Perhaps this seems a bit over-the-top or unnecessary even; however, taking a message properly is important. Both internally between employees and externally with customers, taking messages is an important part of the flow of a business. This article will offer some tips in helping employees and assistants take more effective messages.
First, callers should not have to ask all of the questions. By this, I mean that it is appropriate to provide some information. To explain, observe the situation below.
Phone rings. Someone answers.
Administrative Assistant: Hello?
Mary Bianca (Caller): Um . . . is this Tyson & Son’s?
Administrative Assistant: Yes.
Mary Bianca: Am I calling Mr. Tyson’s direct office?
Administrative Assistant: Yes.
Mary Bianca: Well, I’m looking for Mr. Tyson.
Administrative Assistant: Well, he’s not here.
Mary Bianca: When will he be back?
Many things went wrong in the conversation illustrated above. For one, the administrative assistant did not answer the phone in a professional way. This can be so damaging to a company. The receiver should always provide the name of the company, the specific office if applicable, and a name, which the caller can identify the receiver as. Other things the administrative assistant did wrong involve how many questions the caller had to ask. Instead of saying, “Well, he’s not here,” the assistant could have stated, “Mr. Tyson is out of the office right now, and I expect him back by 4 p.m. Can I leave him a message?” This would have shortened the phone call, saving time for the receiver and the sender, and probably left Mary, the caller, not so frustrated. How employees handle themselves over the phone reflects how the business is operated and perceived. Professionalism is of the utmost importance.
Do not provide unnecessary details about your boss’s whereabouts. For example, if an individual calls, asking for your boss, who happens to be taking the afternoon off for a daughter’s birthday, this would be appropriate.
George Samson (Caller): Hi, may I speak with Bob, please?
Administrative Assistant: I’m sorry. Mr. McClellan is out of the office for the afternoon. I expect him back tomorrow morning around 8 a.m. Can I leave a message for him?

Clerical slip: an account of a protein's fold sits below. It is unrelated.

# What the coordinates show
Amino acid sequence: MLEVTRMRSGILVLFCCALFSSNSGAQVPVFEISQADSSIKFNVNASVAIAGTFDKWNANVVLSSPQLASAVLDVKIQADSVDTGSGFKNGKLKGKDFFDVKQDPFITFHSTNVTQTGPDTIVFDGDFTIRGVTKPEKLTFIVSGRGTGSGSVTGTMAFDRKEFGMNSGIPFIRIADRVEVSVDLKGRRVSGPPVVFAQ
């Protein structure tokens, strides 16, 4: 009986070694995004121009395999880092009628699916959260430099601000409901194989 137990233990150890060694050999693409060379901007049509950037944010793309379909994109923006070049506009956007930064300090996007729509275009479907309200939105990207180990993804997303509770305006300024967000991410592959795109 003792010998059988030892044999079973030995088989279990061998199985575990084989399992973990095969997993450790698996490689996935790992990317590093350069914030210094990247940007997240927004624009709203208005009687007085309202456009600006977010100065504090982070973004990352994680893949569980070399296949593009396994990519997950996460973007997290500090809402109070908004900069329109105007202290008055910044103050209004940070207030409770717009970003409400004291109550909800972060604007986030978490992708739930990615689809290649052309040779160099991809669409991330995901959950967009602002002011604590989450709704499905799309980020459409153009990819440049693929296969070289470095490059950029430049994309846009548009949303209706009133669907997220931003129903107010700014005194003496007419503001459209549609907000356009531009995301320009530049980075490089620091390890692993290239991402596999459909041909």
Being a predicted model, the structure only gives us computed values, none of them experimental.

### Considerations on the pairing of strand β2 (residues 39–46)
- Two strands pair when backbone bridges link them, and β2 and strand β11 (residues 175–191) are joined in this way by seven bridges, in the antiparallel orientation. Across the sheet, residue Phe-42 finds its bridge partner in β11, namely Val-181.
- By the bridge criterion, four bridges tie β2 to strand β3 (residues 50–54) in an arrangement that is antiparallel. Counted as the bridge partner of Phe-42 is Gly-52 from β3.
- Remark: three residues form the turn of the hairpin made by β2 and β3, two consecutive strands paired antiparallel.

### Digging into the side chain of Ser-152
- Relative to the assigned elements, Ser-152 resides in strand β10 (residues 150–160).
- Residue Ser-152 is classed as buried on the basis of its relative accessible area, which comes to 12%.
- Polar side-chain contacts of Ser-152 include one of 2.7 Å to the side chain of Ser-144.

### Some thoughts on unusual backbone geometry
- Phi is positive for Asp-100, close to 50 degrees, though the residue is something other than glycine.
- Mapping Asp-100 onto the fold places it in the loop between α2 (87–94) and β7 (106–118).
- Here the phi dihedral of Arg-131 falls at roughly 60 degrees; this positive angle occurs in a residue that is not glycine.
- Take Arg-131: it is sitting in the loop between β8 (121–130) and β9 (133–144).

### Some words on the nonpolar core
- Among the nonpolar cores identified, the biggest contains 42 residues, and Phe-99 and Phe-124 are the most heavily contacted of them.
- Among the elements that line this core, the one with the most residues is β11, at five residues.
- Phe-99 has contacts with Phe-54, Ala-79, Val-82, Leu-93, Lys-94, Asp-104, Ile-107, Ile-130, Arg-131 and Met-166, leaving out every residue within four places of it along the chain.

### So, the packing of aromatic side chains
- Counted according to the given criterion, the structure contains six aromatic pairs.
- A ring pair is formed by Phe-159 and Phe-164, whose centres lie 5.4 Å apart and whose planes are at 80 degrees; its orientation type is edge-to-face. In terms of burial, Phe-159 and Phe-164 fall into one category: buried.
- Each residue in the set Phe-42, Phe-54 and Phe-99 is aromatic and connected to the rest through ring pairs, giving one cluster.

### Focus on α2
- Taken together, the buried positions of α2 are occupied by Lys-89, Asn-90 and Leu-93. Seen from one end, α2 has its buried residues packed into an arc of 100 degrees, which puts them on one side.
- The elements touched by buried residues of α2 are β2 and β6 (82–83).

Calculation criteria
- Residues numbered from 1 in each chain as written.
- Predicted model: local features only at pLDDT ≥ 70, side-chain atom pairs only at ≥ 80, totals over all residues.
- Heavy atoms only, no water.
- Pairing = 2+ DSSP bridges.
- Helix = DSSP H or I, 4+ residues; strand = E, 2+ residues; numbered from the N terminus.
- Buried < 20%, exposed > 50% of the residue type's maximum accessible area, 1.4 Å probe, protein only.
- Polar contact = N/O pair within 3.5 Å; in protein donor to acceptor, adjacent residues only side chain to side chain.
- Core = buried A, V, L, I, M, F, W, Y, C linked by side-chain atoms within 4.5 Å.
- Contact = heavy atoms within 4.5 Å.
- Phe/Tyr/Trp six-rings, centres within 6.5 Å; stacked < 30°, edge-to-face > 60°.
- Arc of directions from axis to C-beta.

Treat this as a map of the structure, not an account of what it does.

George Samson: Sure. My number is 555-555-5555. Please have him call me when he gets in.
Administrative Assistant: I will give him the message.
Do not tell the person leaving the message that you will have your boss call him back, as soon as he gets back to the office. For one, something could happen and your boss may not return for quite some time. Second, you have no idea what your boss’s schedule entails. Although, you may be his assistant, he may have some personal items of business to tend to upon his return. He may not want to contact this person or whatever. The list can go on. The bottom line: do not tell the person leaving the message that you will have your boss call him back immediately. Instead, let the person on the other line know that you will give the message to your boss upon his return, and he will return the phone call at his earliest convenience.
Screening phone calls and screening them in a tactful way is important. For example, instead of just asking, “Who is this,” an assistant could ask, “May I tell Mr. Thompson who is calling?” Again, this is more professional than the first way. Another example is, “I’m sorry. I didn’t catch what you said. Could you please restate your name?” This is always more appropriate than, “I can’t understand you. Why don’t you try speaking English?”
Listen attentively to the caller and when talking to him, address him by name.
Be sure to use proper English, without the use of slang or profanity. Also, refrain from chatting unnecessarily with callers. Unless the caller is a friend of the office’s or an employee or spouse or something to that degree, keep the calls short and professional. That does not mean one needs to be unfriendly. Refrain from gossiping or relaying personal stories. Again, stick to professionalism.
If these tips and suggestions will be followed, companies can have more success, as their customers will view them more respectfully and professionally. Training on phone etiquette is vital to a company’s well being. This can be the difference between gaining and losing a customer.